On the first day of 2014, the City of San Jose's foam food container ordinance was implemented throughout restaurant chain locations in the city, and according to a memo from the San Jose City Clerk, the ban will continue to stay in place despite recent efforts by opposition to place a repeal of the ordinance on the next ballot.
Last summer, the City adopted the foam ordinance which, at that time, was the largest in the nation (since then New York City has adopted its own ordinance).
In October of 2013, a petition to overturn the ordinance through a public vote was circulated. According to media reports, the initiative was submitted by a contractor for the California Restaurant Association, which has opposed statewide initiatives on foam container bans in the past.
A valid petition to make it to the ballot required 20,946 valid signatures from registered San Jose voters. Amid complaints of misleading language and "shady" signature-gathering tactics, including reports that the company gathering the information was urging employees to falsify signatures, hiring homeless citizens, and paying them with zero balance gift cards, the petition was submitted to the County Registrar of Voters with supposedly double the amount of signatures needed.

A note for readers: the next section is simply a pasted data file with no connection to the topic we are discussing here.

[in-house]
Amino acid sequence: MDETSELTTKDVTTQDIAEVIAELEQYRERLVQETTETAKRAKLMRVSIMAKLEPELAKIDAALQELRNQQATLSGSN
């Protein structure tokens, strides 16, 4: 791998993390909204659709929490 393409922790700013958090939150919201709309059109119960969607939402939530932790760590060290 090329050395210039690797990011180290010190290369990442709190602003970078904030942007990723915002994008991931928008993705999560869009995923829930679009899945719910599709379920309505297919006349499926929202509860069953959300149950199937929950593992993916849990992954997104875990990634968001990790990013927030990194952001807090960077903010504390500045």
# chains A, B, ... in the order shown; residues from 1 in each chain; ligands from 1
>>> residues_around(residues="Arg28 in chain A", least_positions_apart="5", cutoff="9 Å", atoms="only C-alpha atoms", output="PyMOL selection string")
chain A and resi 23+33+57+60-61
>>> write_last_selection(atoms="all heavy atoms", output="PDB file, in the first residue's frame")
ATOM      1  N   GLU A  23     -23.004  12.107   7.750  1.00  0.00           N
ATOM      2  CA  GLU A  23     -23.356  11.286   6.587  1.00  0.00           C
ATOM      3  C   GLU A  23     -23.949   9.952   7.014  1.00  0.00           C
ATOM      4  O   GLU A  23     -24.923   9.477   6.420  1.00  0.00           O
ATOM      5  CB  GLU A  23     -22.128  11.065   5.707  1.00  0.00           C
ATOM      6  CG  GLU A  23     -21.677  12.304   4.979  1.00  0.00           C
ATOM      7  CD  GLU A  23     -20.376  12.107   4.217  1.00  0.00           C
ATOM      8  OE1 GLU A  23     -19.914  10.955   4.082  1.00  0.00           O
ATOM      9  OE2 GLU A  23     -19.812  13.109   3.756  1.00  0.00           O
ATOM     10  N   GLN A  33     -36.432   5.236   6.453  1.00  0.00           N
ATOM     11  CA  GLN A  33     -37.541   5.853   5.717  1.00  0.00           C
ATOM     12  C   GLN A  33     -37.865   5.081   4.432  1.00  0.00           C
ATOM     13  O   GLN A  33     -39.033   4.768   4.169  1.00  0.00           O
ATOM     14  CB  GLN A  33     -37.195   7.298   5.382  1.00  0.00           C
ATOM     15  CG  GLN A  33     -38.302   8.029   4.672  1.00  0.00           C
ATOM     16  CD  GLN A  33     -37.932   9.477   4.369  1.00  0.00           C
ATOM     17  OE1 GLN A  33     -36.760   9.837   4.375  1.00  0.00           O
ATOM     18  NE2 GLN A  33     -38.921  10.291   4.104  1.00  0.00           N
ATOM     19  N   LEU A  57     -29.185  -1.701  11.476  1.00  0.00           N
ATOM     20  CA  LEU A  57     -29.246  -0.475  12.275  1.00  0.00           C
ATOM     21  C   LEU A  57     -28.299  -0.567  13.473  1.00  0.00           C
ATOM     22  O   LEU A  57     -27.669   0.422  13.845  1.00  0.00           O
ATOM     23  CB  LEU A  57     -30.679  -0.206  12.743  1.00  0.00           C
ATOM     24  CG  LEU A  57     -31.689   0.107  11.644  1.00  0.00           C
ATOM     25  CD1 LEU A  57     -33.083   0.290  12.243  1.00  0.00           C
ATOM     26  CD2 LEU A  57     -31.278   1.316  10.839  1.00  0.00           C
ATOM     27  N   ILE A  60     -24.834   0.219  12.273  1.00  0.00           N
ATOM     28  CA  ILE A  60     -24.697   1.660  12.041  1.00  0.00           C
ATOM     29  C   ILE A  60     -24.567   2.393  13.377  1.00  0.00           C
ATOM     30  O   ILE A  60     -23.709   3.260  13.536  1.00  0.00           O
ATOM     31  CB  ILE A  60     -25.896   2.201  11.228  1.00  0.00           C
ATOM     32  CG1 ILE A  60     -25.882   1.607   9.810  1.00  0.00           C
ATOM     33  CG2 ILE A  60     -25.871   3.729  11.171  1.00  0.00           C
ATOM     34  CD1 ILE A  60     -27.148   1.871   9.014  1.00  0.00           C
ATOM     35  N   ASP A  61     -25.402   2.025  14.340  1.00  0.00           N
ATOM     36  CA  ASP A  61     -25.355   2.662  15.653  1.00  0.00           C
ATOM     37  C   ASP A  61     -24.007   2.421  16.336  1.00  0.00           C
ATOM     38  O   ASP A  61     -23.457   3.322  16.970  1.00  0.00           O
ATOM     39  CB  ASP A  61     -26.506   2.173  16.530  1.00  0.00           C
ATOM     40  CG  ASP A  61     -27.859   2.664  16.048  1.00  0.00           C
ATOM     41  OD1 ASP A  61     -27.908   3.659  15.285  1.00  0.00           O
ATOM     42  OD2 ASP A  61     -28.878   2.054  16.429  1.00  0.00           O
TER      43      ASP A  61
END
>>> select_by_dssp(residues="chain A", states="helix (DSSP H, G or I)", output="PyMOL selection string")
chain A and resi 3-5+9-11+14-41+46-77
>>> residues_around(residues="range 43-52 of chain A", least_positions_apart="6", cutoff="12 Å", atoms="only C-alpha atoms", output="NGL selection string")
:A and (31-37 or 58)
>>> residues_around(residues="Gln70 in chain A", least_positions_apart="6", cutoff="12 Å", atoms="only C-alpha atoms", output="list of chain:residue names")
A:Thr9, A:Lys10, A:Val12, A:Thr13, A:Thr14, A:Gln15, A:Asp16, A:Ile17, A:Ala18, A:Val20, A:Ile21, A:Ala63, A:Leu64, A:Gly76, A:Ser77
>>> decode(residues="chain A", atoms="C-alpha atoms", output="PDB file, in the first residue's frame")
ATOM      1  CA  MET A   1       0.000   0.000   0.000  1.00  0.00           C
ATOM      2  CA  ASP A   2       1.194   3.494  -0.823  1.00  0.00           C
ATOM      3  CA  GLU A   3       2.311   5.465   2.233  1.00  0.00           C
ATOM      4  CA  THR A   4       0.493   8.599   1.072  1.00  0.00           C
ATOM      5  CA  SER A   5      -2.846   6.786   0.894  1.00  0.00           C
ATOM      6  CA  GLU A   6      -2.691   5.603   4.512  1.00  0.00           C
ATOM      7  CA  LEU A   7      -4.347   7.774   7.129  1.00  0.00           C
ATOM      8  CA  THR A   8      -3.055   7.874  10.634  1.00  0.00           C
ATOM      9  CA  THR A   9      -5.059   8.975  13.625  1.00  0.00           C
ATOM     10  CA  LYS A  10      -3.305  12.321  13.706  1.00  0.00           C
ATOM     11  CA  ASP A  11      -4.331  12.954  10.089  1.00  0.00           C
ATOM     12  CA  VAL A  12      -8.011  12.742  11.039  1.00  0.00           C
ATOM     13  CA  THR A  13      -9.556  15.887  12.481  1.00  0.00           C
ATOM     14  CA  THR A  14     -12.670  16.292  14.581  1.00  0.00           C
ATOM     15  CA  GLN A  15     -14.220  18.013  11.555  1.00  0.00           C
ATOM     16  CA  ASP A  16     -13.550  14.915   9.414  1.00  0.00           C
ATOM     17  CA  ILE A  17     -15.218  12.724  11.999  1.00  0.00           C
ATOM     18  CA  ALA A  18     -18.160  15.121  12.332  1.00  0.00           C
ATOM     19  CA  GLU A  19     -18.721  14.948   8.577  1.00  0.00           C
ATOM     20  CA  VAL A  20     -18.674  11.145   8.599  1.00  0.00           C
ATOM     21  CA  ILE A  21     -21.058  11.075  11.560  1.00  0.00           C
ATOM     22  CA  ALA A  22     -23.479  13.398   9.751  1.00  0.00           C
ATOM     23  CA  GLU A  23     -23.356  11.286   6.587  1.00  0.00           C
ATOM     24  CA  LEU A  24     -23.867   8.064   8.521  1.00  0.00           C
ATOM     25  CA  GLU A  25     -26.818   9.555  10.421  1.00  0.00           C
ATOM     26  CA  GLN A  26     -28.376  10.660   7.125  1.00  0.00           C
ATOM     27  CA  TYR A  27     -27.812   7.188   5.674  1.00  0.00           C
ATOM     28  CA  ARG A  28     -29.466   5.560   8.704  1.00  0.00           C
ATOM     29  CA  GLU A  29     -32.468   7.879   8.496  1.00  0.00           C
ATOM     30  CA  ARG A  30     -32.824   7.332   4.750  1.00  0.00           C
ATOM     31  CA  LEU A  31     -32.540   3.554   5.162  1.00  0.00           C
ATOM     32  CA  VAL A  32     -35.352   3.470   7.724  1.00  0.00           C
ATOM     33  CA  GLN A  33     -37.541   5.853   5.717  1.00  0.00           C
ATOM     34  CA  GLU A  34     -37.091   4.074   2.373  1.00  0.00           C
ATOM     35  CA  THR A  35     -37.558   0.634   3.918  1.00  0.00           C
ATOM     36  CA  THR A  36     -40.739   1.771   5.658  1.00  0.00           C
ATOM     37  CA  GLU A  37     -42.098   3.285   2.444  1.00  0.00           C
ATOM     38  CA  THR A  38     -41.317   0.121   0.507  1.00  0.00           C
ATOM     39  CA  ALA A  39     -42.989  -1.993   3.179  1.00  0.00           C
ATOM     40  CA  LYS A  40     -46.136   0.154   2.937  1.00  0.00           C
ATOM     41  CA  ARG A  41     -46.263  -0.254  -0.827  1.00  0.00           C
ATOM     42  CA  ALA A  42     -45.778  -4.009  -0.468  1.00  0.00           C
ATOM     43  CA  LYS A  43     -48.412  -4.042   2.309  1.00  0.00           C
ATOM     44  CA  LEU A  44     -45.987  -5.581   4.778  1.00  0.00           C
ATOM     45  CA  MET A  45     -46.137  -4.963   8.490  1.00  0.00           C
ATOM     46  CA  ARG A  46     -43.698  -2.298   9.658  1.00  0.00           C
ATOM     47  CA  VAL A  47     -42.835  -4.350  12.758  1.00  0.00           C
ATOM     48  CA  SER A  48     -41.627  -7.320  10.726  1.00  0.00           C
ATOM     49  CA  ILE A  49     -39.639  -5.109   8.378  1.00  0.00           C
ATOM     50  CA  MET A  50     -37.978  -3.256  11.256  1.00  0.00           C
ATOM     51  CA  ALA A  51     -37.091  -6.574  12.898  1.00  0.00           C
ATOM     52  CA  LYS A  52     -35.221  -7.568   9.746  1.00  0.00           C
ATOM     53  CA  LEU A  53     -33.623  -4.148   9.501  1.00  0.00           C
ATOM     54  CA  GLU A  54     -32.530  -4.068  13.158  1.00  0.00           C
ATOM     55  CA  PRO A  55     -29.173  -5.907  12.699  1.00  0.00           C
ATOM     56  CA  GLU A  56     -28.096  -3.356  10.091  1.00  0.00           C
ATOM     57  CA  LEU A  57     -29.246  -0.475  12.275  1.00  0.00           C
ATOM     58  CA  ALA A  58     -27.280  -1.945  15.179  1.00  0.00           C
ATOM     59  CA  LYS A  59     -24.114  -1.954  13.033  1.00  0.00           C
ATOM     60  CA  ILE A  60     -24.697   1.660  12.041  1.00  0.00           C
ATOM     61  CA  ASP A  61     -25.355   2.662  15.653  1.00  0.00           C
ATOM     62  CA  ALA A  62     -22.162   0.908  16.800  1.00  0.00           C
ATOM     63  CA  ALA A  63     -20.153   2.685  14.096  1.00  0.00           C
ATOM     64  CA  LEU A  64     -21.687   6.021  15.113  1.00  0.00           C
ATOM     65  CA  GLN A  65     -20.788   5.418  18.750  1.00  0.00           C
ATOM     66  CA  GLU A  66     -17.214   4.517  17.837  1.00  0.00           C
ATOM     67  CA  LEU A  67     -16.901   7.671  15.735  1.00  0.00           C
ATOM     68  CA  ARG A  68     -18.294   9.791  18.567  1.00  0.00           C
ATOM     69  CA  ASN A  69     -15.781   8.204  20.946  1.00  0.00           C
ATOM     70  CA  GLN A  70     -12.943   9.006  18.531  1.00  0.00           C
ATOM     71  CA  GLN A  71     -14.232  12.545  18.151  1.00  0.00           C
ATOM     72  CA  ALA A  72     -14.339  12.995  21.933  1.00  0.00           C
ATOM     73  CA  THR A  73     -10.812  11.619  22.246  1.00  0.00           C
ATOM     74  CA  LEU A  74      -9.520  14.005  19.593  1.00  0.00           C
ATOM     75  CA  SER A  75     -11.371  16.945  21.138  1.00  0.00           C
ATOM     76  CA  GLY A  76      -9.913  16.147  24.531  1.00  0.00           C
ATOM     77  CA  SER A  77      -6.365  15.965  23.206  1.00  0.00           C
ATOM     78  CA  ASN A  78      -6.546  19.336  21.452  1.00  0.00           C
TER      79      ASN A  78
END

On Friday, the City Clerk's memo reported an insufficient amount of valid signatures after a full verification process of all 38,784 signatures. Over 1,000 signatures were found to be duplicates.
The petition proposed to repeal the ban and expand the recycling program to include expanded polystyrene (eps) foam. But recyclers lose money when they collect eps for recycling. The market price is for recycled foam is lower than the cost to process eps foam. Moreover, foam is lightweight, prone to breaking down into small pieces that are hard to clean up, and extremely difficult to recycle once contaminated with food products. Learn more about the problem of eps litter.
After this first stage of implementation in larger restaurants, the ordinance will expand to cover all other food service providers by January 1, 2015.